"I never really counted the Blues out until I put pen on paper," he said Tuesday.
The defenseman had spent his entire 12-season NHL career with the Blues, the last four as captain. He became the first player in their history to raise the Stanley Cup after they won it in 2019.
His wife, Jayne, is from St. Louis. They have four children.
"It was difficult," Pietrangelo said. "It wasn't as easy as maybe some people think it was for us. When you have your roots tied here and you've been here for so long, it's definitely a difficult decision. But I tried to take as much emotion out of it as I could."
Pietrangelo said the goal always was to re-sign with the Blues, but the sides couldn't agree to terms before the free agent market opened at noon ET on Friday. He didn't close the door on them when he heard they had signed defenseman Torey Krug to a seven-year, $45.5 million contract Friday night.
"[Blues general manager Doug Armstrong] saw an opportunity to get an elite player, and he did that," Pietrangelo said. "I guess I was surprised. I wasn't really paying attention either."
Video: Alex Pietrangelo signs with Golden Knights
Pietrangelo said he was focusing on his own situation at the time.
"I don't know if frustration's the right word," Pietrangelo said. "I mean, look, [Armstrong is] going to say the same thing. We tried, and we tried, and we tried, and sometimes things just don't work out. I wouldn't necessarily say frustration. I think both sides are disappointed."
Pietrangelo said his mind didn't flip toward leaving St. Louis until it didn't look like something was going to get done with the Blues. His camp identified multiple other teams in which he had interest that had the potential to complete a contract, including Vegas.
In normal times, he would have been able to visit or host teams during an interview period ahead of the market opening. Perhaps a lot of teams would have money to spend.
But amid the coronavirus pandemic, there was no interview period. The salary cap stayed flat at $81.5 million for next season, and the economic outlook is uncertain. Many teams are tight against the cap or internal budgets.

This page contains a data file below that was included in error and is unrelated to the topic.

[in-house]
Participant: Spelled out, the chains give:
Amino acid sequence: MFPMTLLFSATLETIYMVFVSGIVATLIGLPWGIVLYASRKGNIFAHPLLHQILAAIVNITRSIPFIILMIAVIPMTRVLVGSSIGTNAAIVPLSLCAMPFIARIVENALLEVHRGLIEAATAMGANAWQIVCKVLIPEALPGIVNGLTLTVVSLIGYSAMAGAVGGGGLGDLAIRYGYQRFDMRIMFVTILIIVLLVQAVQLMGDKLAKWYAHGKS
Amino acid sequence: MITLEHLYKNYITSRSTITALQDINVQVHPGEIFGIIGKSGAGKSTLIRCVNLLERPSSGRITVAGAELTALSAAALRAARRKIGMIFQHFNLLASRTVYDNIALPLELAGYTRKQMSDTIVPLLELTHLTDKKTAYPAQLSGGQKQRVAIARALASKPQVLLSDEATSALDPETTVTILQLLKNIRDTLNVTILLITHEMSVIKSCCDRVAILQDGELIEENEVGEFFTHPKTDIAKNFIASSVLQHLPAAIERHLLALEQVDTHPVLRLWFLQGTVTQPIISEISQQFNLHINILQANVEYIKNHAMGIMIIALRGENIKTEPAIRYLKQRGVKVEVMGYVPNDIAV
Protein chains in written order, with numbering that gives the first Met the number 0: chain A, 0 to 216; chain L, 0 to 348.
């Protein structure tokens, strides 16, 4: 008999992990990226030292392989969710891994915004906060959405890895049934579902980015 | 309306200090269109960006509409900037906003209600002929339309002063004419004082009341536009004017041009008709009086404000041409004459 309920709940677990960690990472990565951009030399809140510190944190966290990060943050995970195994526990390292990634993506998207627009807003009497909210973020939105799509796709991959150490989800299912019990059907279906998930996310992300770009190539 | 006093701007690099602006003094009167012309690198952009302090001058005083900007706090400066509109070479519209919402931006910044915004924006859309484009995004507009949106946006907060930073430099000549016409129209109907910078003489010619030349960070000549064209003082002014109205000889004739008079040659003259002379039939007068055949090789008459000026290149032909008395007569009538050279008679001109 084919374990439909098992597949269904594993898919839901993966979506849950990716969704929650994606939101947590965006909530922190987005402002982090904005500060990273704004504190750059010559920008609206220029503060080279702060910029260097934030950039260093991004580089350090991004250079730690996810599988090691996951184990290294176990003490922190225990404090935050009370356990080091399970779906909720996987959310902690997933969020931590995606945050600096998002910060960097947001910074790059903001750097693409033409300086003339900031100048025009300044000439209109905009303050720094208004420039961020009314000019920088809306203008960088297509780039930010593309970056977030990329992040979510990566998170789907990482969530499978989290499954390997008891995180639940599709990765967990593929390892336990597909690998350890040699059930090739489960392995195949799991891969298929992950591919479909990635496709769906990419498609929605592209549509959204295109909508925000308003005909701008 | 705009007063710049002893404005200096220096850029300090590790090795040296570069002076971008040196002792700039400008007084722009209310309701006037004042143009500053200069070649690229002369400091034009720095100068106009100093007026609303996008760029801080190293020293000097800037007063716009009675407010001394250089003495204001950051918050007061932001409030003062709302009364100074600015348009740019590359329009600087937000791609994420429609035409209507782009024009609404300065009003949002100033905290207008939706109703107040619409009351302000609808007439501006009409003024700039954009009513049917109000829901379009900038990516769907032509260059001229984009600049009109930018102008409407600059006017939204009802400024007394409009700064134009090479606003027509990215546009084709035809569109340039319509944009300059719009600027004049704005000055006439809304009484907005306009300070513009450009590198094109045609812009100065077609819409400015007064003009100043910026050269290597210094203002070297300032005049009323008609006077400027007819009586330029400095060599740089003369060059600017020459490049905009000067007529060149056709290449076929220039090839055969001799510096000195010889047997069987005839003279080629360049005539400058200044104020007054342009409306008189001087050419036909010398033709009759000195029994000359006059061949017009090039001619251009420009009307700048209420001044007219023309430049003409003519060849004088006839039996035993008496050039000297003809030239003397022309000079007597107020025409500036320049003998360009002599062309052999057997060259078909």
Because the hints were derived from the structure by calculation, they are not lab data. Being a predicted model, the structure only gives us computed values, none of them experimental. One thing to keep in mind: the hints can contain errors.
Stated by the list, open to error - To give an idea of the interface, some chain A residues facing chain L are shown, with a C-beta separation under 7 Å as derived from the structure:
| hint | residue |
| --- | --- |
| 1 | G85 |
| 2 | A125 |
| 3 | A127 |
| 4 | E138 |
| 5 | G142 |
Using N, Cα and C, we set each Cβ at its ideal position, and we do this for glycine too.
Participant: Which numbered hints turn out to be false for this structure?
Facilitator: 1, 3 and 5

"I went into this thing with an open mind not really knowing what to expect," Pietrangelo said.
After the market opened and the Golden Knights called, Pietrangelo decided to visit, because he didn't know much about Las Vegas beyond The Strip.
He flew to Las Vegas on Saturday and toured the Summerlin area, where players live and the Golden Knights have their practice facility. He met owner Bill Foley, president of hockey operations George McPhee and general manager Kelly McCrimmon.
"I wanted to make sure that they're sharing the same passion that I [have] for winning, and they do," he said. "That's why I made the commitment. I was fairly impressed with the way they operate and the way they go about their business."
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Pietrangelo visited former Blues teammate and close friend Paul Stastny. He said Stastny spoke highly of the Golden Knights and how they treated players and their families, which is significant considering Stastny signed as a UFA on July 1, 2018, and was traded to the Winnipeg Jets on Friday.
He also spoke to coach Peter DeBoer, whom he compared to Blues coach Craig Berube in that he wants his defensemen to be active and defend by playing with the puck in the offensive zone.
"I think if things didn't work out, we probably would have gone to see another place and done our homework [on that team] as well," he said. "I took some time, and I would have taken as long as I had to take to make the right decision for us."
In the end Monday, the decision was Vegas.
"Obviously, the atmosphere [at T-Mobile Arena], I mean, I think everybody agrees it's probably the best place to play in the NHL right now," Pietrangelo said. "Team-wise, it's a difficult team to play against. I think top to bottom, everybody knows their role. Well-coached. Good goaltending. Good balance. …
"I think that's part of the reason that brought me here. It fits into my style. They play the way I think the game should be played. You want to go somewhere you feel comfortable and that you can help."
St. Louis will always be special to Pietrangelo, though. He said the family still had a house in St. Louis and he would probably return in the offseason and skate with his former teammates.
"The good part about Vegas for us too, which was part of the decision, was it's easy to get on a flight and get back to St. Louis if my wife wants to come home and see her family too," Pietrangelo said. "That certainly played a part in it, having that access for us."